Beekeepers across the United States lost 44 percent of their honeybee colonies during the year spanning April 2015 to April 2016. Reasons for this vary from case to case as evidence mounts for the argument that their die-offs are due to man-made activity.
The rapid declines became most noticeable around 2006 or so, when beekeepers first began noticing mysterious die-offs. It was characterized as “colony collapse disorder,” and has been responsible for the loss of 20 to 40 percent of managed honeybee colonies each winter over the past decade.
Commercial growers and hobbyists alike have been forced into more radical methods to preserve the 19 billion dollar agricultural industry. The price of some of that extra work will get passed on to the consumer. The average retail price of honey has roughly doubled since 2006, for instance, but one extraordinary breakthrough in the fight to preserve the population points to fungus, as a new way to save the bees cheaply and very effectively.
Paul Stamets, a mycologist, author, and founder of Host Defense Organic Mushrooms launched BeeFriendly, an initiative to support honeybees through innovative research on fungal-derived products for bees with the goal of increasing bee lifespans, reduce mite and viral numbers, and improve honeybee immunity.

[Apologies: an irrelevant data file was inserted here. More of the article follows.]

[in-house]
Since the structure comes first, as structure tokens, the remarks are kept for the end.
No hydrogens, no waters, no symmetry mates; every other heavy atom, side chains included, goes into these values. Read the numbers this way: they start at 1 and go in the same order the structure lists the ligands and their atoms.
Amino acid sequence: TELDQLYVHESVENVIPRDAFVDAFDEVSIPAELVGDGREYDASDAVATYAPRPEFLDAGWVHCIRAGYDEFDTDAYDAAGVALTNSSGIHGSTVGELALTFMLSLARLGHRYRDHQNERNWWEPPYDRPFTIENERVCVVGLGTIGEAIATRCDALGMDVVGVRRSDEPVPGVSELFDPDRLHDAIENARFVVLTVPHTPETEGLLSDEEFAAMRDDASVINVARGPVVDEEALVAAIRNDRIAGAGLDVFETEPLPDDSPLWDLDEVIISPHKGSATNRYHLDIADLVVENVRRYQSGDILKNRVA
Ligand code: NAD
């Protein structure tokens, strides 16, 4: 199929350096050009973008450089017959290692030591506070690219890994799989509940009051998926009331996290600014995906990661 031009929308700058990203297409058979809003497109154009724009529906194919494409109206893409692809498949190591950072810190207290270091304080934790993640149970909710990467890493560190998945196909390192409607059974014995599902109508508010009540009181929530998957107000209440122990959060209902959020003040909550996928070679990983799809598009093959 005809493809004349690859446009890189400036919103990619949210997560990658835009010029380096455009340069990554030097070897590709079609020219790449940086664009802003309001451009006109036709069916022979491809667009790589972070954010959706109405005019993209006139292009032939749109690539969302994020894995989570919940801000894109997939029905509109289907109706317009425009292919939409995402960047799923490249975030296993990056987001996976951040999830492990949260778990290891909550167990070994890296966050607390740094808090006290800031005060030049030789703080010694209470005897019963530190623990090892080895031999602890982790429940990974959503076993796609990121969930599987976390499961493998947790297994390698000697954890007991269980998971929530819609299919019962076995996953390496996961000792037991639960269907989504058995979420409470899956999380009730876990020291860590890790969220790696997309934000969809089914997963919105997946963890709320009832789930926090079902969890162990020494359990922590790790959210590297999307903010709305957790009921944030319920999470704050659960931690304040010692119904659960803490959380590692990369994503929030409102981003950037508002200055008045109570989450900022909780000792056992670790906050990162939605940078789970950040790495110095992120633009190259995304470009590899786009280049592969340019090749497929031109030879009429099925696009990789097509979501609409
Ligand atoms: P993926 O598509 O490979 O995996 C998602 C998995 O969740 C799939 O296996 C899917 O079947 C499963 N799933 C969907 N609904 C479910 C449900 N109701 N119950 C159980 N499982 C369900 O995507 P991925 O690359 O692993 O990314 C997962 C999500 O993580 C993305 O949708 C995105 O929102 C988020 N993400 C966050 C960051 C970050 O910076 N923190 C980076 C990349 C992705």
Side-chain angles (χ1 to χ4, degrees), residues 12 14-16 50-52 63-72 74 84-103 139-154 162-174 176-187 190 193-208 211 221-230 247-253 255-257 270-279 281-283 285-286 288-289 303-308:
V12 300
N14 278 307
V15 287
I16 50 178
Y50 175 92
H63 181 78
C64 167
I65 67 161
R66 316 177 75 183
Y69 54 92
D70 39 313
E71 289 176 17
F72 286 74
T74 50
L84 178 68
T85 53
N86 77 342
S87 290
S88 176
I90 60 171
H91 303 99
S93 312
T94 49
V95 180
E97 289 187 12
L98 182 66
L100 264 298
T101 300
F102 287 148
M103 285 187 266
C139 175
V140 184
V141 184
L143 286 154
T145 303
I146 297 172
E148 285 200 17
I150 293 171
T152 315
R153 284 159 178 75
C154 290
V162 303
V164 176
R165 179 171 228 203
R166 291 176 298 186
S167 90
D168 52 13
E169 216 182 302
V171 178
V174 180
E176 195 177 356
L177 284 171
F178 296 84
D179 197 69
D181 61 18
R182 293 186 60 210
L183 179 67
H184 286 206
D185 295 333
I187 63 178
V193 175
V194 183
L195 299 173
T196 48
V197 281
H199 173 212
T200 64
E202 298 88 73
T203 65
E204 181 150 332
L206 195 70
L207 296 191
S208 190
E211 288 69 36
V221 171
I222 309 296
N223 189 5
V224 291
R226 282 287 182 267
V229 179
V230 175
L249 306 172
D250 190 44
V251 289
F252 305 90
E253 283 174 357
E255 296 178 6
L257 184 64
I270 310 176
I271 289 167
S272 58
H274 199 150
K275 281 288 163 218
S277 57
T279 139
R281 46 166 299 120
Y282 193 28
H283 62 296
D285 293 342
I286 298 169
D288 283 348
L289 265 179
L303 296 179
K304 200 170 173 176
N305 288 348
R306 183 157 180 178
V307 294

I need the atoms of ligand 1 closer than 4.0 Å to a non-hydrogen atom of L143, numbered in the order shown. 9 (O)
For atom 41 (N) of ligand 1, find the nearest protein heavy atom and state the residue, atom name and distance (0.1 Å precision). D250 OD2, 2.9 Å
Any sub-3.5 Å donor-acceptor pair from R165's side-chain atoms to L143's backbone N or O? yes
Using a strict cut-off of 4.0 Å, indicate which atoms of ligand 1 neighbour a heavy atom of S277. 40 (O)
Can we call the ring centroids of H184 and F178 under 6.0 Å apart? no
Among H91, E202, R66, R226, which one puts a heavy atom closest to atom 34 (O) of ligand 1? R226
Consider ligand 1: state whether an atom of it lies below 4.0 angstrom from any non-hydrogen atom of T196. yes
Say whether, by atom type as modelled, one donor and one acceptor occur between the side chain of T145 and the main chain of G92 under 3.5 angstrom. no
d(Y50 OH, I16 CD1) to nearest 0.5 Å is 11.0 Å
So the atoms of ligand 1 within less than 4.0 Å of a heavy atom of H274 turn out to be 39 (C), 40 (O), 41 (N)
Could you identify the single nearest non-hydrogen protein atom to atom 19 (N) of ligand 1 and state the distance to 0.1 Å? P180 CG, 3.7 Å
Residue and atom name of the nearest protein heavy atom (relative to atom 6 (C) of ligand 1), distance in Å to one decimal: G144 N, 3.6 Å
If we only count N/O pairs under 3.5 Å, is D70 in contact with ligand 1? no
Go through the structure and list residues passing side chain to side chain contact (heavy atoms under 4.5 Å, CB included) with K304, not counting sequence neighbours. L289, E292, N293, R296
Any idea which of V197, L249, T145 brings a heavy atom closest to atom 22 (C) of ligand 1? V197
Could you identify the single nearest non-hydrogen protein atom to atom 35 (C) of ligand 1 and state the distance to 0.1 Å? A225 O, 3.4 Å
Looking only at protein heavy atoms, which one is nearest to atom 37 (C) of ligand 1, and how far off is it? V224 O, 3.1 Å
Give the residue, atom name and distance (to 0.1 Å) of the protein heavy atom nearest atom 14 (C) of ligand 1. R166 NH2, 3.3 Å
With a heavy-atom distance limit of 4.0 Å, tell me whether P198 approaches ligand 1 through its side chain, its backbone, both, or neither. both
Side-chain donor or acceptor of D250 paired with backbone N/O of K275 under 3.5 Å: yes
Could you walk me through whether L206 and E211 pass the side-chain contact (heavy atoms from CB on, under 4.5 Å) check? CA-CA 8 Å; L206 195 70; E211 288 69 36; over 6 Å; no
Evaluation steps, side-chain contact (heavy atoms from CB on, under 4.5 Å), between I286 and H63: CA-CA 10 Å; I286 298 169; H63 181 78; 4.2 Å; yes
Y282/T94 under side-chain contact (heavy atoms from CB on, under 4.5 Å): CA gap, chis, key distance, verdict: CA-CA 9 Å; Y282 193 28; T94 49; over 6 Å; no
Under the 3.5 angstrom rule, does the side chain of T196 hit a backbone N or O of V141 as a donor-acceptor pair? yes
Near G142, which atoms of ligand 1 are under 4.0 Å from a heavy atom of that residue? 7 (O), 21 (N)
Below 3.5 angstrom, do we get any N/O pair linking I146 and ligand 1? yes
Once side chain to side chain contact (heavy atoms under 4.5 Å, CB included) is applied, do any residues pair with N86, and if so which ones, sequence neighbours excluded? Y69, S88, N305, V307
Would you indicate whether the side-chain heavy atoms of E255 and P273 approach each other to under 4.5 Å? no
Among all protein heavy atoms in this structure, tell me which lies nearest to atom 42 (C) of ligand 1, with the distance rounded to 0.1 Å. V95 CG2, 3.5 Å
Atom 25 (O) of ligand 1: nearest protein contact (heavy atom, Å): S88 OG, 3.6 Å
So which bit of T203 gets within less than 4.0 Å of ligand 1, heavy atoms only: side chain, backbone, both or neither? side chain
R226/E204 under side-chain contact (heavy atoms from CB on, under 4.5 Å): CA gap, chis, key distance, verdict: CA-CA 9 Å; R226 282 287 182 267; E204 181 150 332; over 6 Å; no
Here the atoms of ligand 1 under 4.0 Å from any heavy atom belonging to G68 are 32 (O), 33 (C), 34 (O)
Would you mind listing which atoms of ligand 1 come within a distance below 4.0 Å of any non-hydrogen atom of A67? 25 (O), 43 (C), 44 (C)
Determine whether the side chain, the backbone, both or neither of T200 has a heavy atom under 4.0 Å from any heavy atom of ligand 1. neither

According to partner, Walter “Steve” Sheppard, an entomologist and geneticist who chairs the Department of Entomology at Washington State University, attributes more than 61 different factors at play and that while the insects can handle one or two of these issues, in combination they can “really lead to a problem.”
The idea is to create a sort of “antiviral” for bees much in the way that bears do for themselves, for instance when they rub their wounds in resin. For bees, the specific fungus, an extract of the Amadou mushroom, which from ancient tomes was used to ignite fire against flint as evidenced by the Ötzi the Iceman findings.
So far the results have been positive. Initial experiments on 300 honeybees who consumed the mushroom extracts reduced their viral load by 75 percent and it extended bees lives in controlled settings by 30 to 100 percent, depending on the insect’s life cycle, according to Host Defense. When compared with the control, reduced the Deformed Wing Virus by more than 1,000 times, according to Sheppard.
While the results are showing reduced viral loads, the researchers still need to prove that these methods will help the entire colony to survive, he says. Needless to say if these trails advance beyond control phase, it would be the most cost effective solution to date that directly addresses a large amount issues at once.
Further trails as follows:
Summer 2016—full-sized hive field tests measuring multiple bee health parameters over one year;
Fall 2016 & Winter 2017—full-scale field test measuring survival of treated and untreated colonies under diverse locations and producer conditions.